From reading about those complaints and realizing that what BlueStar told us ("This kind of a problem has never happened before.") actually wasn't true, my wife thought it would be foolish to accept a replacement. What if the same problem appeared again? Could we trust the quality of their products, as well as their word? We thought that the best and most simple solution would be to get a refund. They wouldn't have to build a replacement unit and we would be free to purchase something else. But BlueStar flatly refused. Finally, under duress and with no other option to speak of we decided to take a gamble and take them up on their offer.

Finally, some two months after the initial fire in our kitchen the replacement unit had finally arrived. We went to the showroom and realized that what BlueStar had sent us had a different color from what we ordered. At this point we were fed up with their attitude and decided that we would find our own solution to this. We ordered a different range, a Culinarian by Capital. The dealer had agreed to put the newly arrived replacement piece up for sale in their showroom, so that we could get our money back that way. When the new range by Capital arrived, we removed our original BlueStar, the one which had caught fire from our kitchen and replaced it with Culinarian.

The old BlueStar, which I called Godzilla was taken to our dealer, where I thought it would be picked up by BlueStar for a transport to the factory, so that they could find out what the cause of the fire was. But it never happened. BlueStar wasn't interested in doing anything else. The range was sitting in the showroom for a while and ultimately was scrapped by the dealer.

This told us something about the manufacturer. I decided to share my experience with other people, figuring that some potential buyers might be interested. I posted the story on Chowhound, where my post was removed the next day. I posted it again, just to have it removed again.
I also posted the story on GardenWeb, where it inspired over 85 replies. Prominent among those was one particular person who also posts here, who immediately launched attack directed at the post and my person. Among other things, he blamed me for not following the repair instructions by the factory (adjusting the air-gas ratio) and so on. This generated more exchanges and finally the post was declared disruptive by GW staff and removed. Later there were some new developments and I posted Part Two of my original post. Again, I was attacked by the same person, called names and accused of having a nefarious agenda. I tried to support my case with pictures, but was accused of manipulating the scene through fiddling with distance, angles and the flash settings, although no flash had been used. All this resulted in having my post removed a second time, which was probably the goal of this other person all along.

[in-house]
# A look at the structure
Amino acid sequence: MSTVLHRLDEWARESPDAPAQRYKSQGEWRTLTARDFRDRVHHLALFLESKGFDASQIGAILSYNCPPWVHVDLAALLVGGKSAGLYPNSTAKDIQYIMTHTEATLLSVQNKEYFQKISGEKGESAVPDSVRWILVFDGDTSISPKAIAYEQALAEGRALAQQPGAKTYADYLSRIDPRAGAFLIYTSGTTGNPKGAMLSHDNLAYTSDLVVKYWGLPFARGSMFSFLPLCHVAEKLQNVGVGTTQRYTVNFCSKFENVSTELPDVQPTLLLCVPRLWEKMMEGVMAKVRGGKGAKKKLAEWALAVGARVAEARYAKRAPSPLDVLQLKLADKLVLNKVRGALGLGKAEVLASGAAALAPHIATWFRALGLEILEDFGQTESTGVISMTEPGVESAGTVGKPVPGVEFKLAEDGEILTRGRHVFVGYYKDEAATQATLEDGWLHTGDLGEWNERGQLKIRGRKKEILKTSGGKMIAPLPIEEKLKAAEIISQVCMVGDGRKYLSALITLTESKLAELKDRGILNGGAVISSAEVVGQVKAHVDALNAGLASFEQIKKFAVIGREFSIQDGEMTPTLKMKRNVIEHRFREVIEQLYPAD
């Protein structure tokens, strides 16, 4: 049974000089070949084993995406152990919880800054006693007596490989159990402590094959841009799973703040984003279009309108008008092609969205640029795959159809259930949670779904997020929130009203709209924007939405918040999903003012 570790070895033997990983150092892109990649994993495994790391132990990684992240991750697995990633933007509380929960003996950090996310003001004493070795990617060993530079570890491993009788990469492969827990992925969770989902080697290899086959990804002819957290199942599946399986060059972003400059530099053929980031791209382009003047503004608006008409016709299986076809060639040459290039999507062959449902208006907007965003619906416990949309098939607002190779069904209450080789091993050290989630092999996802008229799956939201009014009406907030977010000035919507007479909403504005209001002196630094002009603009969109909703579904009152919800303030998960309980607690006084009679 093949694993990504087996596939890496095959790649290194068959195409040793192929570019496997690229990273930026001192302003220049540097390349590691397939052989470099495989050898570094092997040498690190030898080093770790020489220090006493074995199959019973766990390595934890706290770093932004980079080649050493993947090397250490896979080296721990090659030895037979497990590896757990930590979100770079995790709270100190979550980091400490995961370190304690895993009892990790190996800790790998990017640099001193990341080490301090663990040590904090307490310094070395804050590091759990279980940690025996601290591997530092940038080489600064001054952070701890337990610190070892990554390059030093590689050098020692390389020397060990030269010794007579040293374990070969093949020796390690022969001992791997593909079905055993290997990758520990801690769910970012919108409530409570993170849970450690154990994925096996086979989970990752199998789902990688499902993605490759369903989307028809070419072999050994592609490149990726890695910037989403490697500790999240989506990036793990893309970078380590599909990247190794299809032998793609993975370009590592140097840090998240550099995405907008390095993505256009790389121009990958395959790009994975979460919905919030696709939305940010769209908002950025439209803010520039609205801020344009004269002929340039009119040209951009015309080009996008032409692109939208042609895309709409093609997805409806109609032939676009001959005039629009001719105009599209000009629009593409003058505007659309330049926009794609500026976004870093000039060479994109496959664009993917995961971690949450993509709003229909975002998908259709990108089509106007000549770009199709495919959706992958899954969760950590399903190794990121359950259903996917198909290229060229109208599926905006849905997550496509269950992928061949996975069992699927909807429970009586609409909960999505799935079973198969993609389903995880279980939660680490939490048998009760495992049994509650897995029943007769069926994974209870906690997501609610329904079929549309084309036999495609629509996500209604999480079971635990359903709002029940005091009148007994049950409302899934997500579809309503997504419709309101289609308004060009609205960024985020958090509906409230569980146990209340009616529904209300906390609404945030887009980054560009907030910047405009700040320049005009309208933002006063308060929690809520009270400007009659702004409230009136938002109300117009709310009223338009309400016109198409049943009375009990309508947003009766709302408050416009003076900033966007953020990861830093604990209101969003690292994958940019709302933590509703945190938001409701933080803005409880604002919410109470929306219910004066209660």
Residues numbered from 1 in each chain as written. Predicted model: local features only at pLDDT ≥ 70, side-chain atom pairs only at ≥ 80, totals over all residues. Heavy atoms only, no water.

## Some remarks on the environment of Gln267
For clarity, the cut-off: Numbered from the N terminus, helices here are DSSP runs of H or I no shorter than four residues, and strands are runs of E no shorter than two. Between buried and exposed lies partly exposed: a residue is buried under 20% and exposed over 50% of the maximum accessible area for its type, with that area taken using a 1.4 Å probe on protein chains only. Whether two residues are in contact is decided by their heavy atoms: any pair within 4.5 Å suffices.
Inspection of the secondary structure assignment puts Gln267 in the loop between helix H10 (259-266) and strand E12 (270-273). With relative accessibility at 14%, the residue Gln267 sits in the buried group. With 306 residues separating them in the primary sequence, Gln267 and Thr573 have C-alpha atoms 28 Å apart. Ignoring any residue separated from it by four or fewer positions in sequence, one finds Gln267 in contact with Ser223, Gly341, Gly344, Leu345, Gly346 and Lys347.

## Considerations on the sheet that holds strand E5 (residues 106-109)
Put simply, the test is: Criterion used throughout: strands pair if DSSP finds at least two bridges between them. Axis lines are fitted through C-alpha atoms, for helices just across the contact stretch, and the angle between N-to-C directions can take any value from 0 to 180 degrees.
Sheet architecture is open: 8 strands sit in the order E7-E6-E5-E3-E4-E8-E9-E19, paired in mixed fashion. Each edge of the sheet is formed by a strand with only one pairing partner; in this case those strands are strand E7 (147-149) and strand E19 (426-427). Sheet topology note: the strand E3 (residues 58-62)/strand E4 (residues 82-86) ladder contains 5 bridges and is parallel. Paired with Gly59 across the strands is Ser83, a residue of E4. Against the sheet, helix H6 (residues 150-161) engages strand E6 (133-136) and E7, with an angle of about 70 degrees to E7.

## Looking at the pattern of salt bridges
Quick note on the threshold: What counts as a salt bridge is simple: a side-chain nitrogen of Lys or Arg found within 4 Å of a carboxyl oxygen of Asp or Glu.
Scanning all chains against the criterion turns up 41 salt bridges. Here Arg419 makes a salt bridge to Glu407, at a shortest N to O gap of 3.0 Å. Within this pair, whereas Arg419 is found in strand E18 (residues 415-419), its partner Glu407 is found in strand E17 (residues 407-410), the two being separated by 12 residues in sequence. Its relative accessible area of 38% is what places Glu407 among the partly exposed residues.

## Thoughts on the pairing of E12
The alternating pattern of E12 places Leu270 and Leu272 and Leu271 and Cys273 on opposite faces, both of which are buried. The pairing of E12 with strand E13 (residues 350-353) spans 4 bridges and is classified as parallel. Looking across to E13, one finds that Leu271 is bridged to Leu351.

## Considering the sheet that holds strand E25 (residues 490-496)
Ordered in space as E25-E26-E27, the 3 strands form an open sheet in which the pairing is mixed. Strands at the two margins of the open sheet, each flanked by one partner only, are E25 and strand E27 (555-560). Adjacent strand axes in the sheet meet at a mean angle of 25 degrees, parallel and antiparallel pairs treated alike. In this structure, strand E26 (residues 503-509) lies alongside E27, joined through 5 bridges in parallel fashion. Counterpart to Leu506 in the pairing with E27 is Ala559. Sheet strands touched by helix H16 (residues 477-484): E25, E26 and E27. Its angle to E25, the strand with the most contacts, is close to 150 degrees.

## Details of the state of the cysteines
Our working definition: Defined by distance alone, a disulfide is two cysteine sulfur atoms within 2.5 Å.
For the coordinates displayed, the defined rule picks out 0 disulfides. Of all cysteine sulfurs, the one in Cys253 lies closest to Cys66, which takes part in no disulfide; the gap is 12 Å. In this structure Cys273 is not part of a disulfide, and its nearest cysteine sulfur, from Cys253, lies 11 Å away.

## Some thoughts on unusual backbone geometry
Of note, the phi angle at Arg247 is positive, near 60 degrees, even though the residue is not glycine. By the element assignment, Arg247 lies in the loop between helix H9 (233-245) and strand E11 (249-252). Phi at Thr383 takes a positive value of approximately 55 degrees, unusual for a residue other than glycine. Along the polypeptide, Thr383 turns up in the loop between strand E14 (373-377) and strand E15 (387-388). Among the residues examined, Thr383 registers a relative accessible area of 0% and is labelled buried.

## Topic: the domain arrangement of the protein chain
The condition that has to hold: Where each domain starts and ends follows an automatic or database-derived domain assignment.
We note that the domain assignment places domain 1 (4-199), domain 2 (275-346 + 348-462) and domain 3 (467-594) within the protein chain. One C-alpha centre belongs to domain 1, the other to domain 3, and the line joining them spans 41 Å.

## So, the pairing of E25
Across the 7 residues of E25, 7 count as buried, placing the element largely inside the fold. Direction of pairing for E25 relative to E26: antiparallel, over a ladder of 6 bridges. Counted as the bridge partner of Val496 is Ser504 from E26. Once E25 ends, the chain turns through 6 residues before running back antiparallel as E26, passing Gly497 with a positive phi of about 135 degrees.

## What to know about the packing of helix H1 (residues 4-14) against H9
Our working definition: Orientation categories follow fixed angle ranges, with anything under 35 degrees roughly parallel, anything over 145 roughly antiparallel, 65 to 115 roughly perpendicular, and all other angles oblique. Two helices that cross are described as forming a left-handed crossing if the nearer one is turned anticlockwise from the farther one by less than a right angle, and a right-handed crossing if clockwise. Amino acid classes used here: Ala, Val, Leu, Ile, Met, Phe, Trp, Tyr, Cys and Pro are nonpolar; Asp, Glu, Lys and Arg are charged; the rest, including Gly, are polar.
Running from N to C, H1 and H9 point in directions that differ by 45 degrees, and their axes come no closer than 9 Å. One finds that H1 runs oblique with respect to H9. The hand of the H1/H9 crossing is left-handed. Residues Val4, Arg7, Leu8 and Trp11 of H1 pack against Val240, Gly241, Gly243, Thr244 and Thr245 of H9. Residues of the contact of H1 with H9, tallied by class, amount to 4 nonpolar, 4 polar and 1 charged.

Newsflash! Mojavean, another senior member here was booted from this forum by GW staff for having the audacity to come to my defense. His was the welcome voice of reason and now he's gone. This is inexcusable!

Anybody interested in more details can follow the story on in Appliance Talk.

So, as for purchasing any appliance, do your homework. Don't believe everything you read or hear, but if there are enough people complaining about something, they probably have a reason. Check from various sources and think before you jump. We wanted open burners and have no problem with our Culinarian so far. It is a refreshing change, after what we had with BlueStar by Marcus.

    Bookmark   June 30, 2012 at 2:52PM
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That's quite a story Polenta. I think if any appliance in my house ever caught fire - I'd never go near that manufacturer again (unless I suspected the problem was caused by an incompetent installation). And I am with you in terms of not wanting to do anything like adjusting an "air-gas" ratio. I am good with electronics - not appliances. And no one ever blew themselves up installing a home wireless network.

I think sometimes even if a company means well - there can be a disconnect between the company and the repair people it employs (which are now almost always independent contractors). We have some companies in town that are simply awful - but they seem to get a lot of business from manufacturers (even high end manufacturers).